The Day That Michigan Held a Funeral For 30,000 Pizzas
Even the governor came to pay his respects.
44,000 pizzas dumped in an Ossineke landfill due to possible botulism tainted mushrooms— Michigan’s Past (@MichiganHist) February 10, 2017
Escanaba Press 3/8/1973#nationalpizzaday pic.twitter.com/xoHYnG5GQl
On March 5, 1973, several dozen people headed out to a farm in Ossineke, Michigan, to witness an unusual event: the burial of an estimated 30,000 frozen, family-size mushroom pizzas. The mood was somber, and a little cheesy. The governor of Michigan, William G. Milliken, gave a brief homily “on courage in the face of tragedy,” before bulldozers began shoving pizzas into an 18-foot hole.
“I guess by next fall there won’t be anything but the cellophane,” the farm’s owner, Gary Johnson, was quoted as saying as he peered into the mass grave. Pile after pile of pies slid out of a line of pickup trucks and into their final resting place. When it was all over, the victims’ creator, the frozen pizza magnate Mario Fabbrini, laid a two-colored flower garland on the grave: red gladioli for sauce, white carnations for cheese. He then offered slices to all of his guests.
The story of the Great Michigan Pizza Funeral is one of loss, terrible maladies, and spilled marinara. But it’s also a classic tale of the strange obstacles immigrants can often face in new countries. In this specific case, it was bad mushrooms that interrupted Fabbrini’s American dream.
In January of 1973, employees at United Canning in Ohio were checking their inventory when they noticed some of their tins of mushrooms had swelled up. Swelled cans are bad news, and sure enough, tests revealed that the cans were harboring Clostridium botulinum, the bacterium that causes botulism, which can lead to body-wide muscle weakness, low blood pressure, and, sometimes, death.
The FDA removed the affected products from store shelves, but to ensure a comprehensive recall, they had to make some calls up the supply chain. Various prepared food businesses used United Canning’s mushrooms, including Mario Fabbrini, owner of Papa Fabbrini’s Frozen Pizzas.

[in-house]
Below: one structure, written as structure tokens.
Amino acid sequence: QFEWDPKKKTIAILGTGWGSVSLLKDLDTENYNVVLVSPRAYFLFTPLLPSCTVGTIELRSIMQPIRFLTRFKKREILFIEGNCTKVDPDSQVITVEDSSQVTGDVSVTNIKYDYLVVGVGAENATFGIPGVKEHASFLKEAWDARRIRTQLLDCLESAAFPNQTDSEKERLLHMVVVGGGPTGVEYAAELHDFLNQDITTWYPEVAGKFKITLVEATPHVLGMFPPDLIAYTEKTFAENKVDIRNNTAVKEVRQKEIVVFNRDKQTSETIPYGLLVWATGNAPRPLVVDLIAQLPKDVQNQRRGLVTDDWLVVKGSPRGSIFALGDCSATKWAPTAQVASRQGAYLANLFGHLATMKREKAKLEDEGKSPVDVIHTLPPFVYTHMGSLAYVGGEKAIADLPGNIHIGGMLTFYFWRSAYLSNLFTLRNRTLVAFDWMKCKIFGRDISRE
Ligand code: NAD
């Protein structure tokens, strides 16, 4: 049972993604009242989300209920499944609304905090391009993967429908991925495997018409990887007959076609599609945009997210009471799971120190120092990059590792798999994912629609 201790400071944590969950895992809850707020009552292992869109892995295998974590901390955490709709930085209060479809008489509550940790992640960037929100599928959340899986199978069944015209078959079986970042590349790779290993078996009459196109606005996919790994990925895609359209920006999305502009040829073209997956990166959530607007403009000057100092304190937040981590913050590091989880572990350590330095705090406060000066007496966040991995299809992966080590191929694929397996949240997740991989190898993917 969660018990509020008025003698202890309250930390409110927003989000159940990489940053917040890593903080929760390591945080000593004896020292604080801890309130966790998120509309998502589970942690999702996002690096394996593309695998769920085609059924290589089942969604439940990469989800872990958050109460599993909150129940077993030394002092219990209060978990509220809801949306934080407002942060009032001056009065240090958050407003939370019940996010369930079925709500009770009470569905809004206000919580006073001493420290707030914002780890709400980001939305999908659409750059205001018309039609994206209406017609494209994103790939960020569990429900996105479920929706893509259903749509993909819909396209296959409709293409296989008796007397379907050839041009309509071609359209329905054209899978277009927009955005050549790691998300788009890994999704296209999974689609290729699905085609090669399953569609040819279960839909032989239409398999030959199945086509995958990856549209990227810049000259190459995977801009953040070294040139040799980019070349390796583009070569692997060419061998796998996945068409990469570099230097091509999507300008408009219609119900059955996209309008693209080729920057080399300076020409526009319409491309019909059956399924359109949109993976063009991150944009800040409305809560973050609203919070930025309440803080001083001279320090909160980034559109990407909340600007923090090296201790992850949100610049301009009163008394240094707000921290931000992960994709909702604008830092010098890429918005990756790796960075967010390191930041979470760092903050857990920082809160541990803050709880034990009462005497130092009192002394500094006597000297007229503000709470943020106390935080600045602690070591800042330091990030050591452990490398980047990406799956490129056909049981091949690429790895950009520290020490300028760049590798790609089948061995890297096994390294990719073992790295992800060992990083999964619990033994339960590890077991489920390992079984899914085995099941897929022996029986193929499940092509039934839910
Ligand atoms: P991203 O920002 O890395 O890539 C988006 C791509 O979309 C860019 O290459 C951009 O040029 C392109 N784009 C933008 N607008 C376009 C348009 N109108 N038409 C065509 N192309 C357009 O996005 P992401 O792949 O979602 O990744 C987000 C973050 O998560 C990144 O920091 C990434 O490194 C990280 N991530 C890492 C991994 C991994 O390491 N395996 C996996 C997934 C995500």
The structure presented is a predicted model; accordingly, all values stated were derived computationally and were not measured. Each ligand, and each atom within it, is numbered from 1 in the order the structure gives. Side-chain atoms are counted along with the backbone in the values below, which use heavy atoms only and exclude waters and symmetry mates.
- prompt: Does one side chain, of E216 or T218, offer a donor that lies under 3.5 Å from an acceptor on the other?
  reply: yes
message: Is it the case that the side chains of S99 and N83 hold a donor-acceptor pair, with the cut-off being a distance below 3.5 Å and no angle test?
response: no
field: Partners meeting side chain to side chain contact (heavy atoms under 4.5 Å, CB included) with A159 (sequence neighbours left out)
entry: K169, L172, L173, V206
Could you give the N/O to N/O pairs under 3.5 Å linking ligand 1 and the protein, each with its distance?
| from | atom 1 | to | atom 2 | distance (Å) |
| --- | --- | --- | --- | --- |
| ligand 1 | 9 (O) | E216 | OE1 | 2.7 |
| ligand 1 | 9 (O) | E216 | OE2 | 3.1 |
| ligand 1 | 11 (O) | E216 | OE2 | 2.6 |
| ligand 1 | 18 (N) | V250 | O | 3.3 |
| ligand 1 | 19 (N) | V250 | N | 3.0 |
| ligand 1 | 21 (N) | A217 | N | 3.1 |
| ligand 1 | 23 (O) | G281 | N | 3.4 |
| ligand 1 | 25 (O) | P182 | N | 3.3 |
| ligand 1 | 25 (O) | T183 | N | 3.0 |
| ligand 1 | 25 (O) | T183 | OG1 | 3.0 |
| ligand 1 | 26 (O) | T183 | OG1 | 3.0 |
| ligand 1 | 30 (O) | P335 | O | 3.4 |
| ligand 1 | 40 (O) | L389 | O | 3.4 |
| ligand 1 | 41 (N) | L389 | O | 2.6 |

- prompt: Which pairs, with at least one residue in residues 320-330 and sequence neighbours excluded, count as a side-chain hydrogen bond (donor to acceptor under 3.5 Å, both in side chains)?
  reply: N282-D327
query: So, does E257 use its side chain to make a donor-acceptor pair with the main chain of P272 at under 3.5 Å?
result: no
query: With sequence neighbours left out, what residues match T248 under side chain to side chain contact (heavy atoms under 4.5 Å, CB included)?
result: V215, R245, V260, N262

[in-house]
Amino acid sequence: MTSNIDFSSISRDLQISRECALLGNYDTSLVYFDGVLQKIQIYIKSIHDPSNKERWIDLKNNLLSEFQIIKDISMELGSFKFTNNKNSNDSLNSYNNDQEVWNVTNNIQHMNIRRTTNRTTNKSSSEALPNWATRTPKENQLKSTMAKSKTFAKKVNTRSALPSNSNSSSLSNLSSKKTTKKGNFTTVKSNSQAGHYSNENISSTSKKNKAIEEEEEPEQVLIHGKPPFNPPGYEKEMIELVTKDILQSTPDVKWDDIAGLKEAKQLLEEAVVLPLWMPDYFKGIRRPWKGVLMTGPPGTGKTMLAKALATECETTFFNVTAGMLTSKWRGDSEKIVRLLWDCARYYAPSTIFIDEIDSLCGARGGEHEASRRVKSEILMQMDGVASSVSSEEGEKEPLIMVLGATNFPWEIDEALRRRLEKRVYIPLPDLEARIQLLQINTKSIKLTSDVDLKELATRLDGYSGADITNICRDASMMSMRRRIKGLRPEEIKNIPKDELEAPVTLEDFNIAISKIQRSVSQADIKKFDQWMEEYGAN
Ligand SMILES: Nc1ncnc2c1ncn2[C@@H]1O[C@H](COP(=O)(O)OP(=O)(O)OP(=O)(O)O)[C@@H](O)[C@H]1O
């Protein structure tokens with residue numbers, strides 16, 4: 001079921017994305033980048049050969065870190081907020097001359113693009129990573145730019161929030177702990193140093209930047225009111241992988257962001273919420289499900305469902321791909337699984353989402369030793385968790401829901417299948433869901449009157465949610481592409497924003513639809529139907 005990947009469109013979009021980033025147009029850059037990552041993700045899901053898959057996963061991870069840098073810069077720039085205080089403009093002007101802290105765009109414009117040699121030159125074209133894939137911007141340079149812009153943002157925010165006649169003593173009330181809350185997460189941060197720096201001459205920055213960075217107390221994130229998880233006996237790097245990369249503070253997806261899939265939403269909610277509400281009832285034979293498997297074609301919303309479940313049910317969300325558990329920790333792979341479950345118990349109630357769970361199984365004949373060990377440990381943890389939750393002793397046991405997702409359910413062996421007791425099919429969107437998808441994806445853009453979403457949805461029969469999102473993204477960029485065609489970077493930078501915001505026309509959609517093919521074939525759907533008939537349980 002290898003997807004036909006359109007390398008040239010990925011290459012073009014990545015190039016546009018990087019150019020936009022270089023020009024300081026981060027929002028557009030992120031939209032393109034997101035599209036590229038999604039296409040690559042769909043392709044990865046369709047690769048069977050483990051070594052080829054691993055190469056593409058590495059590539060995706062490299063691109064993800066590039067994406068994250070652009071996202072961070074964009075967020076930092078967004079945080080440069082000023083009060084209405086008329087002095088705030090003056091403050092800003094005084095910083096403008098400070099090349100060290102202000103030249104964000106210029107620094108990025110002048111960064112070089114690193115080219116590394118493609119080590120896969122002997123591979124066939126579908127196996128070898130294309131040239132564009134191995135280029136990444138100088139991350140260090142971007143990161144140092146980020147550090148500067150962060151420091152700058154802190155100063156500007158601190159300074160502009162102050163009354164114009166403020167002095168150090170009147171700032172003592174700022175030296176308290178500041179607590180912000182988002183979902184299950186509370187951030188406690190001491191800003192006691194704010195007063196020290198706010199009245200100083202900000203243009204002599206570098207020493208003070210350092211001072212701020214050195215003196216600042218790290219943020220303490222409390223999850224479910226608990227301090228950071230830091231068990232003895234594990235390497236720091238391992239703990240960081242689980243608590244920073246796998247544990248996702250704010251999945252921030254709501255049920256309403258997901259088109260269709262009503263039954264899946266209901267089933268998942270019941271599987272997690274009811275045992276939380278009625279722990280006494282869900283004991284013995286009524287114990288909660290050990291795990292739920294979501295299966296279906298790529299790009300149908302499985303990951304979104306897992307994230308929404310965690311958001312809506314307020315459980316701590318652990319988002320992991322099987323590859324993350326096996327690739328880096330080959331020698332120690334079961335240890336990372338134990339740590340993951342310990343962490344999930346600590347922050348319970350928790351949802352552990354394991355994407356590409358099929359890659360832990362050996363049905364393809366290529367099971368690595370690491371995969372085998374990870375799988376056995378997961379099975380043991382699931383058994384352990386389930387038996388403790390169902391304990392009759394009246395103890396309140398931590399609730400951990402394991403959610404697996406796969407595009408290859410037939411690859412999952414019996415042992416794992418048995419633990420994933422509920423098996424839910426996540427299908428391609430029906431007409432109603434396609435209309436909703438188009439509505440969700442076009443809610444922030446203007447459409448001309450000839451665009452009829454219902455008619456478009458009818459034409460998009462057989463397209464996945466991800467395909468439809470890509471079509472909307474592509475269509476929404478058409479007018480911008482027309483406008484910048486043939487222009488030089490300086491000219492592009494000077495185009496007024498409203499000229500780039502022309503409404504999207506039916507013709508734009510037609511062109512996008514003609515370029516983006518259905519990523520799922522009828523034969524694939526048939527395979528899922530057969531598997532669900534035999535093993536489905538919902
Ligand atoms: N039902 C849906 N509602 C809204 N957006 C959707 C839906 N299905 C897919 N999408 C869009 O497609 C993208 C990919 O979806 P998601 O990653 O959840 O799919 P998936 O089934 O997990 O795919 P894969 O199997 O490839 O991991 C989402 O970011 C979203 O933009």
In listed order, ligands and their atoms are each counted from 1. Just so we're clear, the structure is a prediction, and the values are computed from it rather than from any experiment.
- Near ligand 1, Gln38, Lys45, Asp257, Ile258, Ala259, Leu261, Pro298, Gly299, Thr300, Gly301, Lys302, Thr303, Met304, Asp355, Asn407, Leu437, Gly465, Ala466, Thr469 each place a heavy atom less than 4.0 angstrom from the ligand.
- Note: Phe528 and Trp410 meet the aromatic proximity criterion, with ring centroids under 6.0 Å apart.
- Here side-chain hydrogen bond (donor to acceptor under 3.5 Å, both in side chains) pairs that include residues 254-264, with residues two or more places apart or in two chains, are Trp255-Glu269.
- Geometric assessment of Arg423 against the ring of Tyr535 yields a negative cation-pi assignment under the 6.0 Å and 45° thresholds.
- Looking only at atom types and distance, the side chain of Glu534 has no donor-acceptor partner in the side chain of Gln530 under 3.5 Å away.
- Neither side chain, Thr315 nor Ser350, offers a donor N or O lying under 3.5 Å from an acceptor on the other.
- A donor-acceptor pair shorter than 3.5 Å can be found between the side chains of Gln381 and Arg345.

When Fabbrini got the call, “everything [went] dark,” he later told the Detroit Free Press. Fabbrini was an immigrant, and the architect of his very own all-American success story. He had a visceral understanding of what he stood to lose, and a palpable fear of losing it. He had come to Michigan from Fiume, Italy, after World War II, having grown up under the Fascist regime—“They put the black shirt on me when I was six years old,” he told United Press International. After he got to the U.S., he and his wife, Olga, adapted his family pizza recipe for American palates (“the pizza from my country no one here would eat,” he told one reporter), and went from rolling dough to raking it in.
When he got the news about the mushrooms, Fabbrini stopped his shipments and submitted his mushroom pizzas to a crude contamination test: slices were fed to a couple of FDA lab mice, who promptly died. So Fabbrini recalled his ‘shroom-topped pies, rounding them up from local restaurants and grocery stores. In order to get rid of them, he decided to throw a funeral—partly for the grand optics, but, one suspects, partly as a display of accountability, too.
By the time of the botulism scare, Fabbrini was a decade into his pizza-making career. He was churning out tens of thousands of pies per week, with the help of 22 full-time employees and a state-of-the-art factory. The scandal threatened to undo all he had worked for. “All I could think was, ‘Oh my God. Not me,’” he told UPI.
Some people—at least 17, UPI reported—tried to make Fabbrini’s nightmare come true, claiming they had taken ill from tainted toppings. His neighbors, though, rallied in support. One local fan, anticipating Fabbrini’s bankruptcy fears, offered to put some stock up for collateral if it became necessary to save his business. A bank teller told Fabbrini that a nearby priest was leading prayers for him.
Besides the governor, dozens of community leaders attended the funeral, including Chamber of Commerce members and bank presidents. “It sorta makes you goose pimples about America,” Fabbrini said to the UPI reporter. Governor Milliken later called Fabbrini “an example for all of us.” The article’s subhead, mincing no words, was “Immigrant Offered Help.”
In the end though, Fabbrini’s dramatic action was all for naught. In the two weeks between the recall and the funeral, the pizzas were let off the hook: Their mushrooms were untainted after all. The mice that died after eating them had apparently succumbed not to botulism, but to some other mouse malady. (“I think it was indigestion,” Fabbrini told the Associated Press. “Maybe they didn’t like my pizza.”)
Fabbrini’s sales took a bit of a dive—the pies buried at the funeral cost him about $30,000. According to legal documents, he lost even more money bringing new flavors to market, because his customers lost trust in mushrooms. But his business survived, and the tale of the Great Michigan Pizza Funeral harbors one final twist. Those legal documents only exist because, a few days before the burial, Fabbrini sued the canning company for a million dollars, and won a good chunk of it—an all-American ending to an all-American story.
This story was updated, with minor edits, on October 21, 2020.
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